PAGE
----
Re: [DIYbio] Re: DIY Biorreactor at Nature Biotechnology

On 07/20/2018 01:13 PM, Jonathan Cline wrote:
> "LED/photodiode sensor pairs perform OD900 readings." Biofilm, condensation, etc will obscure the optics.

How do you know that? They probably stir often enough to avoid condensation problems and
their code probably keeps track of when bio-film is starting and ask for a
transfer of contents to a clear bioreactor tube and sleeve.

It's all very efficient as soon as it saves a person from having to do inhuman tasks on
an hourly basis 24x7.

Sleeves are just suggestions. They say their aim is to promote using 3DP for custom
sleeves. A custom sleeve could be made
with lots of insulation for incubation without big power draws.

By the time it gets to be stacks of 16 sleeve modules 10 high 2 deep with an aisle
between, there will be some evolution to take care of your concerns.

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[DIYbio] Re: DIY Biorreactor at Nature Biotechnology

Great paper, some skepticism is in order.  

Not sure how this differs from similar systems prototyped at MIT in ~2005 (which were abandoned as dead-ends, I believe).

"Thermistors and heaters attached to a machined aluminum tube" with given (and very ideal looking) graph of temp oscillation 30C-40C over 14 hrs vs. room temp with period 30 mins, for a culture in "40 mL autoclavable borosilicate glass vials".  The heating system seems questionable.  No active cooling (except if provided by fan, which also operates for stirring).

"the hardware design enables rapid, cost-effective scaling and customization"  The design certainly is not cost-effective.   "Individual sleeves cost ~$25".  In terms of scalability, it is not scalable, N cultures must scale with N hardware devices (appears to be 16), N pumps, N flow tubes, etc.  (All flow tubes needing replacement.)  N is further reduced (divided by constant X) for the biofilm elimination protocol. The concept to "monitor hundreds of cultures in real time" will require some M arduino's which also scale linearly.  Power requirements will create problems once N > some small number.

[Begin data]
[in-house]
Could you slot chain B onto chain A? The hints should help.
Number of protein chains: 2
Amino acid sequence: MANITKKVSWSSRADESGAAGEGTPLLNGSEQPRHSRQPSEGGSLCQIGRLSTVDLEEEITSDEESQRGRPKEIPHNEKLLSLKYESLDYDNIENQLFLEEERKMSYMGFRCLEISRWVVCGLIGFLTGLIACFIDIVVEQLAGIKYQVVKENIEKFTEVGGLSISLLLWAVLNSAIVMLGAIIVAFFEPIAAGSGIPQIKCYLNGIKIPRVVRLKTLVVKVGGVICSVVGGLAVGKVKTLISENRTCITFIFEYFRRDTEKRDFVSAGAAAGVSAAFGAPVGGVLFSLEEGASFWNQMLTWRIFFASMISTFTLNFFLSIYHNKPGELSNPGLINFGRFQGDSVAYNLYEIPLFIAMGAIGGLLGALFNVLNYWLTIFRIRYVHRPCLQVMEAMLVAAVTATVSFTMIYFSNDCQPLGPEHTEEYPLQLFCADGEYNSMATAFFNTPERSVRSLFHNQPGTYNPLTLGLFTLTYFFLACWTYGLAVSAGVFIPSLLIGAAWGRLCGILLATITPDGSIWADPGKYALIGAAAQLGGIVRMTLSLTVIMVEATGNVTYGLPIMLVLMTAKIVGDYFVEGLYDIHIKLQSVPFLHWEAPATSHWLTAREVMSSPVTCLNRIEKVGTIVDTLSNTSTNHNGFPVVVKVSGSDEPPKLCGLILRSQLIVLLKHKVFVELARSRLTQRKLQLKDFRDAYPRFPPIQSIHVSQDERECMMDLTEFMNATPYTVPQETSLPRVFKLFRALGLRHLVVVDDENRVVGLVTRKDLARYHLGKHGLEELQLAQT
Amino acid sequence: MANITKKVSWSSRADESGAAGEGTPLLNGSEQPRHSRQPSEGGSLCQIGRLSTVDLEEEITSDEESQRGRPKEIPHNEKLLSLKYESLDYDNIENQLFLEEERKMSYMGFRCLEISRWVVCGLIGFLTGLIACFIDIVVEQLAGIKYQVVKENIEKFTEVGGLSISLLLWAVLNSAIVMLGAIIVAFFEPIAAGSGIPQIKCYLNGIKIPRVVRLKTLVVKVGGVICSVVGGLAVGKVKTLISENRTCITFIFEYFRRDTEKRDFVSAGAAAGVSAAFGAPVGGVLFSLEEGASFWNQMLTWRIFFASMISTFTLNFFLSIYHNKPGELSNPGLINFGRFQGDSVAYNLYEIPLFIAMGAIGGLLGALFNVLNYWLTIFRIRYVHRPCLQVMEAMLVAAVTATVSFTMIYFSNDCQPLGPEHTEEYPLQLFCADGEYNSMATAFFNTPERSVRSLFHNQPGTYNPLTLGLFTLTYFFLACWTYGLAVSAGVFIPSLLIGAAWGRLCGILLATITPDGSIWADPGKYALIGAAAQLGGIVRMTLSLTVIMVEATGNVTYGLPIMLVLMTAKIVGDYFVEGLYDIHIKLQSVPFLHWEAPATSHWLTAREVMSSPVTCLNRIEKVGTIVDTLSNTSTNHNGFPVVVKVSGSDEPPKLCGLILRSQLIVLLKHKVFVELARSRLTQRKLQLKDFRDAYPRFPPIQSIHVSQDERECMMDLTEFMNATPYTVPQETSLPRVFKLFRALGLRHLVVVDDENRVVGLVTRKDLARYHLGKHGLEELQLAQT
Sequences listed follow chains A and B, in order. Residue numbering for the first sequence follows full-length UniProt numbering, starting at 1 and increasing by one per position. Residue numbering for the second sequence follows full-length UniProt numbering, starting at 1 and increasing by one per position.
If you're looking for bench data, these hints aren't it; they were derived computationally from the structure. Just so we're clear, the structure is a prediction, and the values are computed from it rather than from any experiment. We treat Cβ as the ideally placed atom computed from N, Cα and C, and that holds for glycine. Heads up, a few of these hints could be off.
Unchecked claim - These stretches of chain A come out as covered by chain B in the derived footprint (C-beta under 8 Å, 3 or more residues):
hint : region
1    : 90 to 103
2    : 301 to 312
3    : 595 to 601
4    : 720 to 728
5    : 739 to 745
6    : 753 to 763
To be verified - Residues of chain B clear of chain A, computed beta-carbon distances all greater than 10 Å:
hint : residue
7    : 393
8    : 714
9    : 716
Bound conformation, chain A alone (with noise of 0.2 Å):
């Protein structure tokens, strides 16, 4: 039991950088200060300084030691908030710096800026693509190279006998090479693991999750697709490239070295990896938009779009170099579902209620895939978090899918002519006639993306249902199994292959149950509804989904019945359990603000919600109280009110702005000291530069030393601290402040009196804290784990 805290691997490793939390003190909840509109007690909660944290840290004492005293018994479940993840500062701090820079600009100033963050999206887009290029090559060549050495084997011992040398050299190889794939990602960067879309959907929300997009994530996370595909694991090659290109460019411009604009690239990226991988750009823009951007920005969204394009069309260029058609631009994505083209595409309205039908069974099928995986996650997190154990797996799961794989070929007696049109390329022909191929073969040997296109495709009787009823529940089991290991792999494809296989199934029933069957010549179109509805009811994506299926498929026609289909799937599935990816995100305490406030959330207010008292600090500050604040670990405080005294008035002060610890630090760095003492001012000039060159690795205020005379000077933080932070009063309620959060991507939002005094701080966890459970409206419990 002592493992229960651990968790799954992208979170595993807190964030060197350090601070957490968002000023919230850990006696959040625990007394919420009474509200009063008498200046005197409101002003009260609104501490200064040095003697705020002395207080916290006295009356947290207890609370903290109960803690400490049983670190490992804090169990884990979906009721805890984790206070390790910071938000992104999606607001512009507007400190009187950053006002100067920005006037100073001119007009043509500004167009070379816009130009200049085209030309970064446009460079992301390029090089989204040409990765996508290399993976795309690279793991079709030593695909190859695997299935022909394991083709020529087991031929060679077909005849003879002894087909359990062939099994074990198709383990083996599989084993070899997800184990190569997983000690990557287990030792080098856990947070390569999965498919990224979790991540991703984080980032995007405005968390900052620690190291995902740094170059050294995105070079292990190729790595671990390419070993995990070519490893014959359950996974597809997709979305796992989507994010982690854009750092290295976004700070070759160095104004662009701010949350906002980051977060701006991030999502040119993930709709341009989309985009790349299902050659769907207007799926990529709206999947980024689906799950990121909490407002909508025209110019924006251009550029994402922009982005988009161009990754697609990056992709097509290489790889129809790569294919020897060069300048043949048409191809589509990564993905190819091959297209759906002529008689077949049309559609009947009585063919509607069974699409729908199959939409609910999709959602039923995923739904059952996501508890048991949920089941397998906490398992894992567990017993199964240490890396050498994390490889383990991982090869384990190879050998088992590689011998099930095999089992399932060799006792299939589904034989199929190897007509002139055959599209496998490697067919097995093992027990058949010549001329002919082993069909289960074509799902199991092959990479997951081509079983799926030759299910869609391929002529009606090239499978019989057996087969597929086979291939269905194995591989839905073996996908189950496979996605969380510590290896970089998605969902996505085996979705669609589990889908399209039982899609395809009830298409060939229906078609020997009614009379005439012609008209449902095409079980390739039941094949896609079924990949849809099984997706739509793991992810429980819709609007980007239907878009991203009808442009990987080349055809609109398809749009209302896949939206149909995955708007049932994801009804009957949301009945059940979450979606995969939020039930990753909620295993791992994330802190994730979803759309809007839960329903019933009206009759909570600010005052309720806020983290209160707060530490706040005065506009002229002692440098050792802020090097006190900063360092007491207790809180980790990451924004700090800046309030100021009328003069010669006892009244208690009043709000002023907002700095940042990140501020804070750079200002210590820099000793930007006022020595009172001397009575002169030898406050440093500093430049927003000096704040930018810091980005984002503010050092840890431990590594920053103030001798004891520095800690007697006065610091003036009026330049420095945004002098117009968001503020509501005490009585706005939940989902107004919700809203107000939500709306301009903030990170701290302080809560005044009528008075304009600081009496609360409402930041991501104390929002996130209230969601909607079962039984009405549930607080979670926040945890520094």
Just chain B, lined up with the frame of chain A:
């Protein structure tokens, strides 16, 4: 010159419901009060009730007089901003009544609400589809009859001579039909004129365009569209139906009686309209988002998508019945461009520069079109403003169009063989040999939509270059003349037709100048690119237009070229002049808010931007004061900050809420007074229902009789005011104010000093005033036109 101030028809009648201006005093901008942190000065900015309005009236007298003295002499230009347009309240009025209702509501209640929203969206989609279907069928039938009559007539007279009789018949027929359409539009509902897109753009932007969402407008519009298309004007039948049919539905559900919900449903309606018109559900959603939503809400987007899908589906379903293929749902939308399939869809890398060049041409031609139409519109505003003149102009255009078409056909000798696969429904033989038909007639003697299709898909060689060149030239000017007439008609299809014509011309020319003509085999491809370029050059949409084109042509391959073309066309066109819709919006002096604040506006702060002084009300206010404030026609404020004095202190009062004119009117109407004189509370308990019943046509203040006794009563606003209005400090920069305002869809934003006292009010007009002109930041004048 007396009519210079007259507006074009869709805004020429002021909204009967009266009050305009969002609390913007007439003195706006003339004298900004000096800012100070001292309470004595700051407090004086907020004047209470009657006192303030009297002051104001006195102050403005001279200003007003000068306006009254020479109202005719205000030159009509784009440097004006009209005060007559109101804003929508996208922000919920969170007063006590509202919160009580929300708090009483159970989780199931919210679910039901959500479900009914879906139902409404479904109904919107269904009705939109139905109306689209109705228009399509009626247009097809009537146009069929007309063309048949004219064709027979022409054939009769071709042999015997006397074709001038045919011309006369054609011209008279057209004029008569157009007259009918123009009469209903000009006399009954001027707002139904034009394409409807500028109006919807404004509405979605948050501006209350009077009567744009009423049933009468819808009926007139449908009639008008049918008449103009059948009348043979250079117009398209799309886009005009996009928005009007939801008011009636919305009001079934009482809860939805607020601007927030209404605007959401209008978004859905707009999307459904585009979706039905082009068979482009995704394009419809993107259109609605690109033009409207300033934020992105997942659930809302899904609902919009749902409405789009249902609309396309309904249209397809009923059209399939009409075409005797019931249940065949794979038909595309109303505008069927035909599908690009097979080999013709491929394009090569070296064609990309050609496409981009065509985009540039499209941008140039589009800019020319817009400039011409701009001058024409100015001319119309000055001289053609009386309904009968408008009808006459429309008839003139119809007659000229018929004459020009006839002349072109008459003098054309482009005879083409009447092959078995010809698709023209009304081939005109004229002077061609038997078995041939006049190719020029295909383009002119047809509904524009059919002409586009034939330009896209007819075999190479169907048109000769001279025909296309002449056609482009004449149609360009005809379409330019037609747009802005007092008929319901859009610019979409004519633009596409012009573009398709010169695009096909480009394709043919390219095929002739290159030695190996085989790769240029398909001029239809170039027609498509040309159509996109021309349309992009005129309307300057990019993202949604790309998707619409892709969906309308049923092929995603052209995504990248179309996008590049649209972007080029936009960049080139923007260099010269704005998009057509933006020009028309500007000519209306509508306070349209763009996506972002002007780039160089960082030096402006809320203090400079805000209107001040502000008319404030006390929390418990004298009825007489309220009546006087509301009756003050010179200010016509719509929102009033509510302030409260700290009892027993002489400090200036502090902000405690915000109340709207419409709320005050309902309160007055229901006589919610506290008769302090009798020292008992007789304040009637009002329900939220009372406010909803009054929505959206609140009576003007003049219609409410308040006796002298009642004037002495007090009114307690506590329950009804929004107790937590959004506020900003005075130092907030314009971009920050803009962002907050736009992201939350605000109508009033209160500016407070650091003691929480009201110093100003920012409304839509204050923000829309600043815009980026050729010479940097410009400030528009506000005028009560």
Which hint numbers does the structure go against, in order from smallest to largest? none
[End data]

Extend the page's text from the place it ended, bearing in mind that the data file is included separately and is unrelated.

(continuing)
"With daily replacement of used vials, four Smart Sleeves could be used to passage a culture, biofilm-free, for an indefinite period of time"  ... which means a minimum run-time cost of $x*(N-y) per day.   (Some part of that cost may be reduced by autoclaving, better if the design used more glass)

"LED/photodiode sensor pairs perform OD900 readings." Biofilm, condensation, etc will obscure the optics.

The interesting part of the paper is the "Millifluidic device w/ integrated pneumatic valves"  (approx 14 cm in size) "by adhering a silicone rubber membrane between two clear sheets of laser-etched plastic, each patterned with desired channel geometries and aligned" "that overcomes biofilm formation during long-term continuous growth experiments" ...  yet that device is not detailed in this paper.  No discussion of where the pneumatics is sourced from.  The device is perhaps these papers from 2000 and 2003, which are not novel in 2018,   1) Unger, M.A., Chou, H.P., Thorsen, T., Scherer, A. & Quake, S.R. Monolithic microfabricated valves and pumps by multilayer soft lithography. Science 288, 113–116 (2000);  2) Grover, W. H., Skelley, A. M., Liu, C. N., Lagally, E. T. & Mathies, R. A. Monolithic membrane valves and diaphragm pumps for practical large-scale integration into glass microfluidic devices. Sensors Actuators, B Chem. 89, 315–323 (2003).





No mechanism for reading pH. 



On Thursday, July 12, 2018 at 9:50:12 AM UTC-7, Markos wrote:
https://www.nature.com/articles/nbt.4151



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